May to resist Brexit Bill amendments, but Tory rebels vow to fight for EU citizens’ rights
Prime Minister Theresa May will forge ahead with her Brexit Bill without amendments proposed by the House of Lords and Labour MPs. Rebels in her own party, however, have pledged to vouch for the rights of EU citizens living in the UK.
On Wednesday the House of Lords handed the Tory government an embarrassing blow when it backed changes to May’s plans, promising to protect the rights of European Union (EU) nationals living in Britain.
EU divorce proceedings are set to begin at the end of the month, but May is unwilling to guarantee Europeans leave to remain without assurances that similar rights will be given to Britons living abroad.
Her cabinet had already vowed to fight the Lords’ amendment. However, 30 of May’s Conservative MPs have rebelled, saying they will stand with EU nationals.
“The prime minister has made clear her intention that the bill should be passed unamended,” May’s spokesman said.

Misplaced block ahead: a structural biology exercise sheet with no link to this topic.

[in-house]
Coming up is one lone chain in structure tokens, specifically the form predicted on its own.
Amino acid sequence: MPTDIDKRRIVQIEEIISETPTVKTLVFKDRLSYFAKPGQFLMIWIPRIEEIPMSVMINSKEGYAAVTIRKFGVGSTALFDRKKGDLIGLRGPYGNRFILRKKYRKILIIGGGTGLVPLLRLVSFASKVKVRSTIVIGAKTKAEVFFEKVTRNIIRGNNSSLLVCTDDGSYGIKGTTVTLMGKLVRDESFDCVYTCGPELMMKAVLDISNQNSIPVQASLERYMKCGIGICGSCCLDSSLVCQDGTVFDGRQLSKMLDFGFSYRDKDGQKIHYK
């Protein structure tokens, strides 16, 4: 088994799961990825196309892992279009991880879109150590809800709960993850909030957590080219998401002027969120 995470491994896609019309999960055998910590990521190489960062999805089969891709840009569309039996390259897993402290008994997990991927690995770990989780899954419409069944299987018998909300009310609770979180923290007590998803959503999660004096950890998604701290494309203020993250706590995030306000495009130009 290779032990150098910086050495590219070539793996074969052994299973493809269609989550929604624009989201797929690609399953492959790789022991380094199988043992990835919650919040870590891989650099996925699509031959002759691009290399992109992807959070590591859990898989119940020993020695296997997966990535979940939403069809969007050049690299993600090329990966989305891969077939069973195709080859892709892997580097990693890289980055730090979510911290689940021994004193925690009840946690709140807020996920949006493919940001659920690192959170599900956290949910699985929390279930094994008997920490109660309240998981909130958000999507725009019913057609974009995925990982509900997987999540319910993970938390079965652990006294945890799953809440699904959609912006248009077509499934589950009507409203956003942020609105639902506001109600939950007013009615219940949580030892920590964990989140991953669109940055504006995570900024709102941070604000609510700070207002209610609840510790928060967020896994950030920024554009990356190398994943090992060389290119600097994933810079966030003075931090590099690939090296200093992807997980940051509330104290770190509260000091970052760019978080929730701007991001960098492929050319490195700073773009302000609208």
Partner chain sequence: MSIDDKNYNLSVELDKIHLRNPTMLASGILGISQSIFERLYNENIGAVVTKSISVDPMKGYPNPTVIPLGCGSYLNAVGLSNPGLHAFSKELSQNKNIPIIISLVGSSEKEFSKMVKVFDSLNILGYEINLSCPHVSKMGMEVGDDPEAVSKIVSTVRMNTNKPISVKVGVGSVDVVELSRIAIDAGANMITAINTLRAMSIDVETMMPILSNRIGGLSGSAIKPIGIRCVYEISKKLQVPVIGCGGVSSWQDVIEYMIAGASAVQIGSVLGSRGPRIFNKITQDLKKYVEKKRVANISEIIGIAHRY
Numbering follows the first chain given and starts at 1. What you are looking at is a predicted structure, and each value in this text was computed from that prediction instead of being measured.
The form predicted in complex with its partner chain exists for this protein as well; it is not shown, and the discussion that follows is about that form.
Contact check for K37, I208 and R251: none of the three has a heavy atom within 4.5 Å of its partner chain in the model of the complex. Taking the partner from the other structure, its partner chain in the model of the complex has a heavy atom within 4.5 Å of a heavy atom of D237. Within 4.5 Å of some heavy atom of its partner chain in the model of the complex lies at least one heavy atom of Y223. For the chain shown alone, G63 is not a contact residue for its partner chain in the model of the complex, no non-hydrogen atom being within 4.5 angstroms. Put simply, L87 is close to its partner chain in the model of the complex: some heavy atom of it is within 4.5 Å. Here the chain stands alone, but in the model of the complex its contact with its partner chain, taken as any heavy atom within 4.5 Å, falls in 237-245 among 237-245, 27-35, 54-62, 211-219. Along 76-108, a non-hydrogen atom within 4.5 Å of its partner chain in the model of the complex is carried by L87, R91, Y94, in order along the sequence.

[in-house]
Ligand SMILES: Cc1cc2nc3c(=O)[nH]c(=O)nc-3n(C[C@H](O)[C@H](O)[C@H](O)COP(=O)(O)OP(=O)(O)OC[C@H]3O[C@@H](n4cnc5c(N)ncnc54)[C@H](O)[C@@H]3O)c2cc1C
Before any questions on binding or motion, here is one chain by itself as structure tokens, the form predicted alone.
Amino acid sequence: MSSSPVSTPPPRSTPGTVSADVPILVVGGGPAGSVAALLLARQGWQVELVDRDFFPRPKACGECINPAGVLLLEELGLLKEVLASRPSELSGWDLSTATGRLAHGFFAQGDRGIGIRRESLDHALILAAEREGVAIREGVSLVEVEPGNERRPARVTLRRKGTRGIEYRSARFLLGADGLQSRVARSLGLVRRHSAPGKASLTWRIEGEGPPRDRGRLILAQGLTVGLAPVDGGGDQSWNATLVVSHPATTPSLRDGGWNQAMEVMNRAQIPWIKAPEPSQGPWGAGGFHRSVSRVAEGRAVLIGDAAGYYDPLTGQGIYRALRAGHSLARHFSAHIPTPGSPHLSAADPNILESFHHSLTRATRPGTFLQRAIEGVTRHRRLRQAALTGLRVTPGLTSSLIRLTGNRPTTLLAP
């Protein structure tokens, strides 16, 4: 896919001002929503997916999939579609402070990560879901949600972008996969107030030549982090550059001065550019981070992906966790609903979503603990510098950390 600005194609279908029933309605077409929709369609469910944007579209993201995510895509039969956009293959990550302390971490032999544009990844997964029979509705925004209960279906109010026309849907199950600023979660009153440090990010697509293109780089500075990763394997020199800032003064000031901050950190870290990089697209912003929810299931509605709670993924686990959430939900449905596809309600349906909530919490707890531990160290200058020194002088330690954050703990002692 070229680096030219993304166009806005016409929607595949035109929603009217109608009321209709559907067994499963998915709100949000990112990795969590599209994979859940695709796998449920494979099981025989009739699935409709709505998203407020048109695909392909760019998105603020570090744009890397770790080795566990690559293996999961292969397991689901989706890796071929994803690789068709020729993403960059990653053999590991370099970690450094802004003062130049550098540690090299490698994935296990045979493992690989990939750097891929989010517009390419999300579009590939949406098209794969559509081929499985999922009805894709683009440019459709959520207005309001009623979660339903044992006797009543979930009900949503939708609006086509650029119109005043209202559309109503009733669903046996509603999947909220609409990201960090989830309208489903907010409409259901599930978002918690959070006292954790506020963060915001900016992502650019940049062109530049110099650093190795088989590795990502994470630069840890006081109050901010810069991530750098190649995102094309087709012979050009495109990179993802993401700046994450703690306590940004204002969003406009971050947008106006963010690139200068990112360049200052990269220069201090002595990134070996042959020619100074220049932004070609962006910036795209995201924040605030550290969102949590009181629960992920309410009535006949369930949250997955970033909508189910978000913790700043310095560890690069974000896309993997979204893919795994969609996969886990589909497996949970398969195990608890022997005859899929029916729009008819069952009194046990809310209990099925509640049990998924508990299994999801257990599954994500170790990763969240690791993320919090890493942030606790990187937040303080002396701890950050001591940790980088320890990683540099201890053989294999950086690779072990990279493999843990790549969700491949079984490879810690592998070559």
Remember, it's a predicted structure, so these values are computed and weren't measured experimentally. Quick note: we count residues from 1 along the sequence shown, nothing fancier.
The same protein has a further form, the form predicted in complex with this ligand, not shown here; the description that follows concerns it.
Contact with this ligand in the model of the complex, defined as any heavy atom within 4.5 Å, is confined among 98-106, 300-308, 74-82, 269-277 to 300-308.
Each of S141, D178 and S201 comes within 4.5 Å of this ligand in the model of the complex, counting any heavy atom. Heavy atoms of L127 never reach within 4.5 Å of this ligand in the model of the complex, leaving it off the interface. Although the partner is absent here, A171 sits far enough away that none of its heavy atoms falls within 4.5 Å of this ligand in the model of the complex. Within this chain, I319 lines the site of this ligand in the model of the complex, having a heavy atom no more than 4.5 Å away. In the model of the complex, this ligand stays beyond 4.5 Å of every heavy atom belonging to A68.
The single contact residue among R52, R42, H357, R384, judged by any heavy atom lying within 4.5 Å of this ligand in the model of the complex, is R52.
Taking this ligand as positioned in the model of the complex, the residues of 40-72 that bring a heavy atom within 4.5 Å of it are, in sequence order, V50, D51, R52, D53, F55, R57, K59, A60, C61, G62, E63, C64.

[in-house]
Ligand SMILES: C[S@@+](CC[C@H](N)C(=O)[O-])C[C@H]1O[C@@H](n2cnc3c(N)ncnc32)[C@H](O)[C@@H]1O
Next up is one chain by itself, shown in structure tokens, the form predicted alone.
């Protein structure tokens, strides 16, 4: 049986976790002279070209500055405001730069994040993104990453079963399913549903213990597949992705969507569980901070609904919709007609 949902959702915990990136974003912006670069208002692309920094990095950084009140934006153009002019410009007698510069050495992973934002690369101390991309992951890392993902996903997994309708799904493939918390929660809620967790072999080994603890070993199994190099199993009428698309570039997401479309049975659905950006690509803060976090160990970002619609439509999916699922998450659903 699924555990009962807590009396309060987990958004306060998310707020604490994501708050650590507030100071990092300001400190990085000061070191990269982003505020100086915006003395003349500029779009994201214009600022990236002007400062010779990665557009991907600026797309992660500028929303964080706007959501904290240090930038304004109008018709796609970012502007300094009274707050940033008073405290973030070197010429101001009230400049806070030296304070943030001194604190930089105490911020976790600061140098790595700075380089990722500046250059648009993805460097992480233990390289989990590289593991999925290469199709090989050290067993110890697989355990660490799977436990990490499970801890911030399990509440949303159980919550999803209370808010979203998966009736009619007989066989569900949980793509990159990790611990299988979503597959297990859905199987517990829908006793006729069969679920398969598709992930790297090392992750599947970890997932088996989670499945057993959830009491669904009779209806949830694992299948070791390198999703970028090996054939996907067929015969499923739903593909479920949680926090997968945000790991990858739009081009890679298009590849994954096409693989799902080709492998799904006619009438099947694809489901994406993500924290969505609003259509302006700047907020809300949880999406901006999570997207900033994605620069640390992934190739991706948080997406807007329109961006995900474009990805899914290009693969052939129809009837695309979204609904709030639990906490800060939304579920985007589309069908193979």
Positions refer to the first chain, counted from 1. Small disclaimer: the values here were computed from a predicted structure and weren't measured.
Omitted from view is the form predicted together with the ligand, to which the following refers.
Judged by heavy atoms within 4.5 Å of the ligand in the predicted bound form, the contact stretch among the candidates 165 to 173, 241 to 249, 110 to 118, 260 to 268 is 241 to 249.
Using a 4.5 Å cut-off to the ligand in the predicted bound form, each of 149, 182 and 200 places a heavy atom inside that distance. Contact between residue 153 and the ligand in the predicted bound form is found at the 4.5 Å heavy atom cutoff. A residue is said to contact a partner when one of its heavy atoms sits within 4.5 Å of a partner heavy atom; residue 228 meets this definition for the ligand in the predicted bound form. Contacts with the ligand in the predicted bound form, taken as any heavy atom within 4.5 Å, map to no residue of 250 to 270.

“MPs have already voted it through unamended at the first stage so we expect that to be the case again.”
In the upper chamber, 358 peers voted in favor of Labour’s amendment guaranteeing the rights of EU residents, while 256 opposed.
Reports that dozens of Tory MPs will also back the amendment signaled a possible defeat for the PM.
“We understand there are 30 Tories who are saying they will vote to support this amendment,” independent crossbencher Baroness Molly Meacher told BBC Radio 4’s Today program on Thursday morning.
“Obviously the Tory whips in the Commons are going to work extremely hard with all sorts of bribes to get these people to vote with the Government. I believe it can be won in the Commons on the basis of morality and principle – and Tories are principled people in general.”
However, there isn’t consensus among the Opposition either, with Labour Brexiteers expressing their fury at the Lords’ decision.
“The British people voted in their millions to leave the EU, and their elected MPs passed the Article 50 Bill without amendment,” said MP and Vote Leave campaign co-chair Gisela Stuart.
“The House of Lords should do the same and not seek to frustrate the Brexit process.”
The Bill will return to the Commons on March 13 and 14, when the final decisions are expected to be made.